Yesterday, the Senate voted 45-55 to defeat an appropriations amendment that would have permitted U.S. patients to purchase individual-use quantities of FDA-approved prescription drugs from Canadian pharmacies. According to The Hill, Sen. Barbara Milkuski (D-Md.), floor manager for the underlying appropriations legislation, based her argument against reimportation on safety concerns.
"You don't know that what you are taking has been made in Canada or approved from Canada or that that it comes from a real website or from a legitimate pharmacy," she argued. "We could be importing death."
Sen. Mikulski's melodramatic plea notwithstanding, there are genuine safety concerns associated with buying prescription drugs over the internet. Pharmacies that appear to be in Canada are sometimes not. And it's known that there are large quantities of counterfeit drugs sold by otherwise seemingly respectable online retailers.
But there are other, arguably better, reasons for being concerned about drug reimportation. As my colleague Sam Kazman has argued, when we reimport drugs from countries that impose price controls, we are effectively importing those price controls, and all the attendant problems associated with them. Or, to put it more technically, as the late Milton Friedman and over 160 other economists put it, "American consumers would get the short-term windfall of lower prices, but they would end up unnecessarily suffering and living shorter lives--because promising new therapies would be delayed or not even developed."
It is unfortunate that patients in the U.S. must pay among the highest prescription drug prices in the world, while other wealthy countries impose price caps. But drug development costs are extremely high. And without correspondingly high prices to enable the recoupment of those costs, few investors would willingly take the risks inherent in supplying capital to the pharmaceutical industry. The result would be fewer and fewer lifesaving medicines. Because the United States is the only major country that does not impose drug price controls, the pharmaceutical industry can only remain profitable by charging uncapped prices here. In effect, American consumers are subsidizing consumers in countries that impose price controls by paying for most of cost of drug industry research and development.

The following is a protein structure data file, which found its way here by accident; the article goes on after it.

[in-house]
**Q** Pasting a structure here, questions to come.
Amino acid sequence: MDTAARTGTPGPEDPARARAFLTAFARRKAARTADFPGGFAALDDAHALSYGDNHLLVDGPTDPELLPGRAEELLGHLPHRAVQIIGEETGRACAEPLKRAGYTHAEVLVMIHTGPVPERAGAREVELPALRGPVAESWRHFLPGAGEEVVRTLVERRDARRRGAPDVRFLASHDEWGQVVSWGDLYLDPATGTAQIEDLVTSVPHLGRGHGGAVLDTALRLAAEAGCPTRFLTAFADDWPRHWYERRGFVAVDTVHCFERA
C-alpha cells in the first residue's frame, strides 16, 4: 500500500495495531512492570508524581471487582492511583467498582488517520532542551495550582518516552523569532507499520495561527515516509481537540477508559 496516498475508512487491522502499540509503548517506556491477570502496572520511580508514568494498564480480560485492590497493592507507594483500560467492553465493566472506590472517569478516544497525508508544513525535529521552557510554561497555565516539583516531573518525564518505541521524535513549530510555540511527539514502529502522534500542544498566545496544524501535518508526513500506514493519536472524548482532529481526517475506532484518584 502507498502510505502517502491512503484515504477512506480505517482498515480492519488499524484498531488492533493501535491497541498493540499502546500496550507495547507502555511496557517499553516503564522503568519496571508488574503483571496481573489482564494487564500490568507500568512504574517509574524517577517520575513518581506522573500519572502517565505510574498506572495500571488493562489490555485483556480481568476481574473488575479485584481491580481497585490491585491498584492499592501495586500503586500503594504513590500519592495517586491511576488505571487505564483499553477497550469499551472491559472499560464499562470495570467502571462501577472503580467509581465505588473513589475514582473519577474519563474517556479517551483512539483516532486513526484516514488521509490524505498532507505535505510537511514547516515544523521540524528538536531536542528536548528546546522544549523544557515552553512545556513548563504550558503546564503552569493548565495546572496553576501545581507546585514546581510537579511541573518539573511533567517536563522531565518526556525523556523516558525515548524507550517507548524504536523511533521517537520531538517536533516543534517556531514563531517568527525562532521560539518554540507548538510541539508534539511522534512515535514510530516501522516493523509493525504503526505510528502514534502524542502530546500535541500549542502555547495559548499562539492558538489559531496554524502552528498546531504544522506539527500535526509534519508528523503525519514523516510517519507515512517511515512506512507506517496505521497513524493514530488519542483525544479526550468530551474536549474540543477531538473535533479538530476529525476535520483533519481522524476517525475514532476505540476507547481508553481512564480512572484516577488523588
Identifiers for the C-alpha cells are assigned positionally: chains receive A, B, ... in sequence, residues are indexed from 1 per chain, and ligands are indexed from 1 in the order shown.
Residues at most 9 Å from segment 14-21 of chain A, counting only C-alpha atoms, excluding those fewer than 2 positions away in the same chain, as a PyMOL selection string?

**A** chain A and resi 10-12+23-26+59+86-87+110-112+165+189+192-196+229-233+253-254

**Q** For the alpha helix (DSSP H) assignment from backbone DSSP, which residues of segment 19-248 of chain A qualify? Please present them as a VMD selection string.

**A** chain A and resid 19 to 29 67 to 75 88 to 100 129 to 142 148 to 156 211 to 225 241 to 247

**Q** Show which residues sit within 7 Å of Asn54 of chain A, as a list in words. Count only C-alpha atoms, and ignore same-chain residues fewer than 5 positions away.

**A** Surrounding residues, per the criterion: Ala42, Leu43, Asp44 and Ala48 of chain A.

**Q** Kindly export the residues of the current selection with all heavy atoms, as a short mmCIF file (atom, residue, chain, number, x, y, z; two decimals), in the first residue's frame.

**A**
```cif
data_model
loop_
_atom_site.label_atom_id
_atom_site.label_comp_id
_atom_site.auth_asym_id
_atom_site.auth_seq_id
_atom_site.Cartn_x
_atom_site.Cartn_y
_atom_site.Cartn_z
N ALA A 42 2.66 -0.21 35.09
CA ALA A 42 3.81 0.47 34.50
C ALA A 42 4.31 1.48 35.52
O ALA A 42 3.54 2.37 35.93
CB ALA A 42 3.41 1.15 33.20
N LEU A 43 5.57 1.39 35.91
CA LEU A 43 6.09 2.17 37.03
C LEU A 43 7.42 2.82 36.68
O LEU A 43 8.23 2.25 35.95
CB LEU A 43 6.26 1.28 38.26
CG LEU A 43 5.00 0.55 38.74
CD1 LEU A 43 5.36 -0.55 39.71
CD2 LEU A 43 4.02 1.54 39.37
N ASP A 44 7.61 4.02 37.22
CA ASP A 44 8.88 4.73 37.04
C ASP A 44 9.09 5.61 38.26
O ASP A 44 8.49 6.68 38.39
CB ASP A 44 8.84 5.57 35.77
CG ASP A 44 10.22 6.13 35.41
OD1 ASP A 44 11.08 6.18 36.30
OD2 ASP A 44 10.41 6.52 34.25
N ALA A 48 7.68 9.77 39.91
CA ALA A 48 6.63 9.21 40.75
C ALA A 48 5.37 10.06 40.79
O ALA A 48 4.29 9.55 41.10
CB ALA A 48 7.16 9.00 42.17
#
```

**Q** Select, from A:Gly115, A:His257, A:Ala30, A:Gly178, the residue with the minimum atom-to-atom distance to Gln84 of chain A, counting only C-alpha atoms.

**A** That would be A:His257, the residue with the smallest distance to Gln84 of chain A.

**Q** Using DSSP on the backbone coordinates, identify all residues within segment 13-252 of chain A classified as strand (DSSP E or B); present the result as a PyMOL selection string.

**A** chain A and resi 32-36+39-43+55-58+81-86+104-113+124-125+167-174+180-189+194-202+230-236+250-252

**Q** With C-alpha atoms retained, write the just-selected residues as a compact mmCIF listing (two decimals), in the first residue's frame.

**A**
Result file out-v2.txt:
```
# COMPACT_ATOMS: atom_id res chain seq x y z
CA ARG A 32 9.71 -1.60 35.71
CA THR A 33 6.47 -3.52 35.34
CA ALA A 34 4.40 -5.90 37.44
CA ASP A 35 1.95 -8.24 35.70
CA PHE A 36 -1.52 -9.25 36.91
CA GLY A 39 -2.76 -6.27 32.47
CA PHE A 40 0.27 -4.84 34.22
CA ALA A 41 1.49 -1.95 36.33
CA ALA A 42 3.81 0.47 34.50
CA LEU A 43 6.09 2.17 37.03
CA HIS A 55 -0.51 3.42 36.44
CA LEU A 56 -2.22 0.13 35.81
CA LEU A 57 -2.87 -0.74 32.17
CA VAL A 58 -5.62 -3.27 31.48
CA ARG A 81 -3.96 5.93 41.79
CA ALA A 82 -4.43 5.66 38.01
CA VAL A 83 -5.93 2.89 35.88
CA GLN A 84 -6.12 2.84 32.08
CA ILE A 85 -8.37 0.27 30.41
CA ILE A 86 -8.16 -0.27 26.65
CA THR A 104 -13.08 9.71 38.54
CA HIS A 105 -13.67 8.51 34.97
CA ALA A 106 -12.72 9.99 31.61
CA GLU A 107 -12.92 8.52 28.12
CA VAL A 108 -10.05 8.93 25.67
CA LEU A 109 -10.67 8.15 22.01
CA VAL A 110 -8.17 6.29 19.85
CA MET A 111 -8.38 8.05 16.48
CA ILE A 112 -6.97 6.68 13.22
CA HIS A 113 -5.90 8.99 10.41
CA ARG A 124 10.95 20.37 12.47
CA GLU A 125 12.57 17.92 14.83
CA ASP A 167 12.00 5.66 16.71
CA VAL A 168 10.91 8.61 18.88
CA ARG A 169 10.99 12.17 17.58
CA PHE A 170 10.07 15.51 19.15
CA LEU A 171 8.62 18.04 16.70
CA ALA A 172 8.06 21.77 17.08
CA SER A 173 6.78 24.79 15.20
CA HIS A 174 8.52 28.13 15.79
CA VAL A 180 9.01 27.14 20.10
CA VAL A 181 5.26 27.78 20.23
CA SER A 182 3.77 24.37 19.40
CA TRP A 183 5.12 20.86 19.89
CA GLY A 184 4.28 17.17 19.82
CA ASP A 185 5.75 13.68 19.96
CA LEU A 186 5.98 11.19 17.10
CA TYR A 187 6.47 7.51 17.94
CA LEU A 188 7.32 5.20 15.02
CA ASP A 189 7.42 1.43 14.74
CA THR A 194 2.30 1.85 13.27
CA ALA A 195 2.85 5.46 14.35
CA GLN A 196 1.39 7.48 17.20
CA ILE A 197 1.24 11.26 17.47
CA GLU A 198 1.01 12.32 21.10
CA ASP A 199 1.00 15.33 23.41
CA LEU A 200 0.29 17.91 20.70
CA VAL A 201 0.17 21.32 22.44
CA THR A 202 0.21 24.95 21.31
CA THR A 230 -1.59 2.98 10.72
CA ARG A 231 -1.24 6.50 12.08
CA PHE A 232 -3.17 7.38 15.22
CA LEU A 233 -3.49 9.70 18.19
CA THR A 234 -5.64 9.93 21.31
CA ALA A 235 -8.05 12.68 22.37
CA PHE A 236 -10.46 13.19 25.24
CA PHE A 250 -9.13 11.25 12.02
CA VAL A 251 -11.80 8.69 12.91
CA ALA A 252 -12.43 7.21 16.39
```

Some reimportation advocates acknowledge this problem, but argue that free trade is really the solution. You could, argues the Cato Institute's Roger Pilon, eliminate the subsidy to foreign purchasers by forcing drug firms to cut off the supply of pharmaceuticals to countries that impose price controls. But, while I am a free trade supporter, that argument is a little too simplistic for a couple of reasons that I outlined in this short paper back in 2008.
First, because drug development entails huge up front costs and only small marginal costs, the sale of below-average cost drugs in countries with price controls may still generate net revenue that can bring down the price of drugs here at home.
Second, when faced with the possibility of having their supplies of important medicines cut off, foreign sovereigns could very well (and in some cases have) breached drug patents to let manufacturers produce copycat drugs locally.
And third, the ability of drug makers to collaborate with one another when negotiating with foreign governments--which could alleviate some of the asymmetry of power between the producers on the one hand and monopsony drug purchasers on the other--is strictly prohibited by U.S. antitrust laws.
In the end, keeping the ban on reimportation may be a second best solution, but one that prevents an overall loss to consumer welfare.